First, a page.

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Stedman and Hutchinson, comps. A Library of American Literature:
An Anthology in Eleven Volumes. 1891.
Vols. IX–XI: Literature of the Republic, Part IV., 1861–1889

Implora Pace

By Charles Lotin Hildreth (1856–1896)

[From The Masque of Death, and Other Poems. 1889.]

In the Cemetery of Certosa.

I STOOD within the cypress gloom

Where old Ferrara’s dead are laid,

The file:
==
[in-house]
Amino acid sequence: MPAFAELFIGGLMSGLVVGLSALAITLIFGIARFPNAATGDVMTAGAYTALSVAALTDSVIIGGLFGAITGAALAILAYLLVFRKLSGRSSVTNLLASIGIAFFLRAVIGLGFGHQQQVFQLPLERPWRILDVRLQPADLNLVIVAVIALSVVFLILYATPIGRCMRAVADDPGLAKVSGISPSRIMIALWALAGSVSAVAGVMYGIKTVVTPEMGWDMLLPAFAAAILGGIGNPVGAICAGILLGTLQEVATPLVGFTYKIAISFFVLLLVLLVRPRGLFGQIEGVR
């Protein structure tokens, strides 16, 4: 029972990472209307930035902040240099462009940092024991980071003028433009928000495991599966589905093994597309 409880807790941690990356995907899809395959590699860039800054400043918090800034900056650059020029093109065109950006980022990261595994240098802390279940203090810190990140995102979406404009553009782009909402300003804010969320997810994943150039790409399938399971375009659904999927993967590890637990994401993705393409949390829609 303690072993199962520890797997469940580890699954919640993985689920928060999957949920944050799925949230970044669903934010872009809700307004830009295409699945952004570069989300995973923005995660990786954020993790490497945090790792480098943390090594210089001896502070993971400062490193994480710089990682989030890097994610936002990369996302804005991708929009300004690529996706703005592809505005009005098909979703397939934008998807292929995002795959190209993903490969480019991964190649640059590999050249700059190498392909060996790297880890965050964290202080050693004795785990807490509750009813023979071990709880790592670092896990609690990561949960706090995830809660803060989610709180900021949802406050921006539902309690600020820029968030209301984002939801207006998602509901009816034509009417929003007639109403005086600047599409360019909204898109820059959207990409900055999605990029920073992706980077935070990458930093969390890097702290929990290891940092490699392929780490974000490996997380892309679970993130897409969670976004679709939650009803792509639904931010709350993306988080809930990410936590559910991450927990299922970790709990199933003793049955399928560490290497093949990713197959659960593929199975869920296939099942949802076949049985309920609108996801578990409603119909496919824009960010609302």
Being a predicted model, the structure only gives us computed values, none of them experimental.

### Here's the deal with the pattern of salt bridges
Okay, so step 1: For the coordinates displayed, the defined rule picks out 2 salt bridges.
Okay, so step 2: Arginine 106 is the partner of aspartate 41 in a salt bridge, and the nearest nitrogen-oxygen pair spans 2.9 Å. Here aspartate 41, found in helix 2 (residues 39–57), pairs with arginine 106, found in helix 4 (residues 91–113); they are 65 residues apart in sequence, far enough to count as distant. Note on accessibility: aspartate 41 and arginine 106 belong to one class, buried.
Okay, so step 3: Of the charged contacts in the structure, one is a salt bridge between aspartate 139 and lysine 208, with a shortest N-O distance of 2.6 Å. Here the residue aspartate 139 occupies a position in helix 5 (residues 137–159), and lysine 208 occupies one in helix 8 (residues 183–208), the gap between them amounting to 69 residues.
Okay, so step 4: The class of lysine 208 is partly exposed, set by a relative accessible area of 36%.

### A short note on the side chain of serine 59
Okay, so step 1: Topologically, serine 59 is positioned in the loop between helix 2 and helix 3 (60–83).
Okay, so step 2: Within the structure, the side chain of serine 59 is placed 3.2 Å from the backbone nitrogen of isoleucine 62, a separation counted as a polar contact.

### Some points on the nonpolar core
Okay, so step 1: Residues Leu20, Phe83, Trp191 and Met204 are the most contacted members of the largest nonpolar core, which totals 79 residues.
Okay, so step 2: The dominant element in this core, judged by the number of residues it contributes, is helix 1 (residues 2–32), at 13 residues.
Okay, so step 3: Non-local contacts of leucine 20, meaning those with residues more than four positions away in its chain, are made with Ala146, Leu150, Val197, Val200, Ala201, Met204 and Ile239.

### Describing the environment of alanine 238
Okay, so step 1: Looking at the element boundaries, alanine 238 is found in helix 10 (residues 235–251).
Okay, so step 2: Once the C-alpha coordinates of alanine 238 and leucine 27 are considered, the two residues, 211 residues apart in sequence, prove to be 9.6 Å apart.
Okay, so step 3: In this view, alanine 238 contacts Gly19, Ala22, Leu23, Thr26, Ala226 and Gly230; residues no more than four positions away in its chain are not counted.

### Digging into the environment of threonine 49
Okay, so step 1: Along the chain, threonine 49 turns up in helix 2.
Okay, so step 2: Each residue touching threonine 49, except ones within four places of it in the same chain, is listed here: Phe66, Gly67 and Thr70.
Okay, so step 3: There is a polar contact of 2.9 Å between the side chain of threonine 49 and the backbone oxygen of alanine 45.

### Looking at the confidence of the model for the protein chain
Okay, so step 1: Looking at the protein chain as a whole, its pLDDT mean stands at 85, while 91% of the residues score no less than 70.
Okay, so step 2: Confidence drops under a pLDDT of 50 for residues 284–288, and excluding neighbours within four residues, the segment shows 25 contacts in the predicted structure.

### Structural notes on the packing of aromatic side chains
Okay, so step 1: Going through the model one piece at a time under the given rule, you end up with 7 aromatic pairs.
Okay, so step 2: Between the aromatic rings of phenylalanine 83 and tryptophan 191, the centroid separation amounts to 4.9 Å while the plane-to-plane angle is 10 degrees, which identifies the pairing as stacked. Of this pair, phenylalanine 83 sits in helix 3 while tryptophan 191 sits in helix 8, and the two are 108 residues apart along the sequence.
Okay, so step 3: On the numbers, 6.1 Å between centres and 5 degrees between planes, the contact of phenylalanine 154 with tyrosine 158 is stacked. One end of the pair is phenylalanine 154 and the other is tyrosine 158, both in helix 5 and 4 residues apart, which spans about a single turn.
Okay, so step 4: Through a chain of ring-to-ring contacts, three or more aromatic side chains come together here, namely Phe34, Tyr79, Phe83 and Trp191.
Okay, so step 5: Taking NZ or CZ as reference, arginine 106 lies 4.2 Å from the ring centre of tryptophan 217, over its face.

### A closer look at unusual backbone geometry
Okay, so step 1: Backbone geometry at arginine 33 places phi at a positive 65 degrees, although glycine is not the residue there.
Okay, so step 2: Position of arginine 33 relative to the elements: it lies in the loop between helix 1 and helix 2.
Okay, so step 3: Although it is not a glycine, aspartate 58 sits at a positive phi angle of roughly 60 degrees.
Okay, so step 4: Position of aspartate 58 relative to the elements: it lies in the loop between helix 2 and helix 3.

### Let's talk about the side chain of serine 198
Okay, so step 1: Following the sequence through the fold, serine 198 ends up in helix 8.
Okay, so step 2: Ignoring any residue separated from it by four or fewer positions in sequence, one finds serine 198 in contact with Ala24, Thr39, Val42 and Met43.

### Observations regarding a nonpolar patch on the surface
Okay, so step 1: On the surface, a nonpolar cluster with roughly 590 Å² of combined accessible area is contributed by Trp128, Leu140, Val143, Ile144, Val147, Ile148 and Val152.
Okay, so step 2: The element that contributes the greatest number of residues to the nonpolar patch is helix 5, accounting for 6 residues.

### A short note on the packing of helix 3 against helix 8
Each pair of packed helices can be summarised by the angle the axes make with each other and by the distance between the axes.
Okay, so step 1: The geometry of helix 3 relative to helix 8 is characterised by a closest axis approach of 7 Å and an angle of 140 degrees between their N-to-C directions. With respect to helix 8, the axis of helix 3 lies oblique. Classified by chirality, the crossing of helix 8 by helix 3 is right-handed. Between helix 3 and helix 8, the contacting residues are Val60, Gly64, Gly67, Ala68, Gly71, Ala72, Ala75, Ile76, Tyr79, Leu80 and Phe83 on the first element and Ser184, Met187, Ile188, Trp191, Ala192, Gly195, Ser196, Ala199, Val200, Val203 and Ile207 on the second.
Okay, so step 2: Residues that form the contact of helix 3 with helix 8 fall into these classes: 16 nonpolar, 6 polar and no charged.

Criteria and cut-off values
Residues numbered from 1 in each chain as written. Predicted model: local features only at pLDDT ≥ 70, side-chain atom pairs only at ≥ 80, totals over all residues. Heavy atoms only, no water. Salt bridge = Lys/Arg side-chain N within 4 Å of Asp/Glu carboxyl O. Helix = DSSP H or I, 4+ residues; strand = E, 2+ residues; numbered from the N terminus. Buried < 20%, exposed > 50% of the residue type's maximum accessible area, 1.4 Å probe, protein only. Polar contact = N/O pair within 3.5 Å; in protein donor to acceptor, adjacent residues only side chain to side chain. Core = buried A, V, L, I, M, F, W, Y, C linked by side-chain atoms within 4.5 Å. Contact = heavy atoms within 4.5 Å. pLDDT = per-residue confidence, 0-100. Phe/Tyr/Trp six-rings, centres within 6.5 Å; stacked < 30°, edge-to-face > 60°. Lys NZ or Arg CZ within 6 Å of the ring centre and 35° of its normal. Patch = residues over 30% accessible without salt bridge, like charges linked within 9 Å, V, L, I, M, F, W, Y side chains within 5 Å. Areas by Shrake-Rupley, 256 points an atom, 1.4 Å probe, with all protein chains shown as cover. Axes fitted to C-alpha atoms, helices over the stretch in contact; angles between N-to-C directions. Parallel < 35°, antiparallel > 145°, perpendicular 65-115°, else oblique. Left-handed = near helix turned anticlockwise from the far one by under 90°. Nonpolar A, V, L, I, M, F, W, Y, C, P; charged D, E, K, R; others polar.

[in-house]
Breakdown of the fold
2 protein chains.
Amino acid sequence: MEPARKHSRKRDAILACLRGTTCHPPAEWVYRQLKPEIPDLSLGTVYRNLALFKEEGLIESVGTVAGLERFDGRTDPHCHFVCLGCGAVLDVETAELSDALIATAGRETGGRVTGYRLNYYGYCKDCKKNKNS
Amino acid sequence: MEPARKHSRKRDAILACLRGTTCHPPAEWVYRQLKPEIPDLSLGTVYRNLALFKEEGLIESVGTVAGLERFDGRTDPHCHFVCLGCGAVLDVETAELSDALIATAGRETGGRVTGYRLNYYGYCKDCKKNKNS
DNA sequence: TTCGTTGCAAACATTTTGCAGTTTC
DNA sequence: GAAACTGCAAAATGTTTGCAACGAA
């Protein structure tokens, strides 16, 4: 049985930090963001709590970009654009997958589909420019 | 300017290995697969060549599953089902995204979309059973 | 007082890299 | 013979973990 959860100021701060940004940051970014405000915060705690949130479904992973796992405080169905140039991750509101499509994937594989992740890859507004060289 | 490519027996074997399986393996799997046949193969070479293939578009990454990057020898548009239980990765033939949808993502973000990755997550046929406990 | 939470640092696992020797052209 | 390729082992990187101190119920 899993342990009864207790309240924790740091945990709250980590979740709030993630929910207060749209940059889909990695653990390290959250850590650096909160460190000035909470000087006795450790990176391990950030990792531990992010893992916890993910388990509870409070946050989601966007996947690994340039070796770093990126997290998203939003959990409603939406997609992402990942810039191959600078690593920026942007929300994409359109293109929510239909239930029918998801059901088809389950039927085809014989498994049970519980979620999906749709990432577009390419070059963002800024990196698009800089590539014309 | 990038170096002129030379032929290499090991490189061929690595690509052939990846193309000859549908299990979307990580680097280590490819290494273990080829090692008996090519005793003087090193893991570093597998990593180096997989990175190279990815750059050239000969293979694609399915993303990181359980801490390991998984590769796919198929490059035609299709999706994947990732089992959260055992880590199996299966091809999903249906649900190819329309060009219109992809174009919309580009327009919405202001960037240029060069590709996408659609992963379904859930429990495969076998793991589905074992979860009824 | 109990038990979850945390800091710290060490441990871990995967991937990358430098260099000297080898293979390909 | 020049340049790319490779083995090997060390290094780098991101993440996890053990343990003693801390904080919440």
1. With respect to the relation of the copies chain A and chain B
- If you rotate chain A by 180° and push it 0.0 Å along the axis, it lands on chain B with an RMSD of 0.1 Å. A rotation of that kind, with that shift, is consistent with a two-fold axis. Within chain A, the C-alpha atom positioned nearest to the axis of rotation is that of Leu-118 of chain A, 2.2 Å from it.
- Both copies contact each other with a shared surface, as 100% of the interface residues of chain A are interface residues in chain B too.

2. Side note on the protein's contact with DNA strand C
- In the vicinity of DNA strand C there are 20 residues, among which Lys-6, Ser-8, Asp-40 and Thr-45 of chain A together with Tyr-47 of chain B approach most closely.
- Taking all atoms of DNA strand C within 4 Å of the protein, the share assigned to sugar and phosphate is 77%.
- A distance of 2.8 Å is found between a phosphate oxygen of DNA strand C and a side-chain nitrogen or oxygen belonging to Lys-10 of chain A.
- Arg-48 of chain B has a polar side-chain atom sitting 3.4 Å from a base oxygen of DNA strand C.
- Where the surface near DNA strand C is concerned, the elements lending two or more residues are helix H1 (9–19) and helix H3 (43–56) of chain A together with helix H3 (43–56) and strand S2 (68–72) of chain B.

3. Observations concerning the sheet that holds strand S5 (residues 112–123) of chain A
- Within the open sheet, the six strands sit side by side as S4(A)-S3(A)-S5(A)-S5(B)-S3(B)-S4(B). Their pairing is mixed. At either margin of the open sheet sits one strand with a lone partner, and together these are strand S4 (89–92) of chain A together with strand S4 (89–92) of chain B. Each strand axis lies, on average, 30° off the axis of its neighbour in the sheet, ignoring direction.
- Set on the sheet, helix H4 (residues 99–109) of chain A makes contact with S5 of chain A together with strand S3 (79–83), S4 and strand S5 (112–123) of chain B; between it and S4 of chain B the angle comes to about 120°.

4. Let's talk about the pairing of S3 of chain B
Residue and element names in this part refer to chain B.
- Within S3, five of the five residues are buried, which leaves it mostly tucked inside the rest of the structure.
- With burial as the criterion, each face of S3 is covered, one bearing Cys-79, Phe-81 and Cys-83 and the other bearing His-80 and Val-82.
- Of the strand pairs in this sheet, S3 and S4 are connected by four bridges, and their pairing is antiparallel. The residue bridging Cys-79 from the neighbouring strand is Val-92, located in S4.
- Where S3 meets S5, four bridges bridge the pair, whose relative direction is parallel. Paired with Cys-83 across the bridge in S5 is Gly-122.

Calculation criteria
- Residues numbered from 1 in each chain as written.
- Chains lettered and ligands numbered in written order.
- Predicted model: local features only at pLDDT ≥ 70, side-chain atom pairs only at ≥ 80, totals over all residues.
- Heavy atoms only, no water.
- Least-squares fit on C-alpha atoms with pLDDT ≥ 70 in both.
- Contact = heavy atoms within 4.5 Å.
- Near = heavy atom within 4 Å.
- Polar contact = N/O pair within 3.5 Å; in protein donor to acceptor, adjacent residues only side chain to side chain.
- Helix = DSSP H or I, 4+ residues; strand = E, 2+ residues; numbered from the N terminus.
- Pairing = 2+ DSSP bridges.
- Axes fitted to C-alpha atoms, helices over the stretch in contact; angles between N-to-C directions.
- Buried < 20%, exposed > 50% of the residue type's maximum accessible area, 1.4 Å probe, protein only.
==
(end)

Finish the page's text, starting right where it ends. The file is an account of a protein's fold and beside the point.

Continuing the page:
And mused on many a sculptured tomb

Moss-grown and mouldering in the shade.

And there was one the eye might pass,

And careless foot might tread upon

A crumbling tablet in the grass,

With weeds and wild vines overrun.

In the dim light I stooped to trace

The lines the time-worn marble bore,

Of reverent praise or prayer for grace—

“Implora Pace!”—nothing more.

Name, fame, and rank, if any were,

Had long since vanished from the stone,

Leaving the meek, pathetic prayer,

“Peace I implore!” and this alone.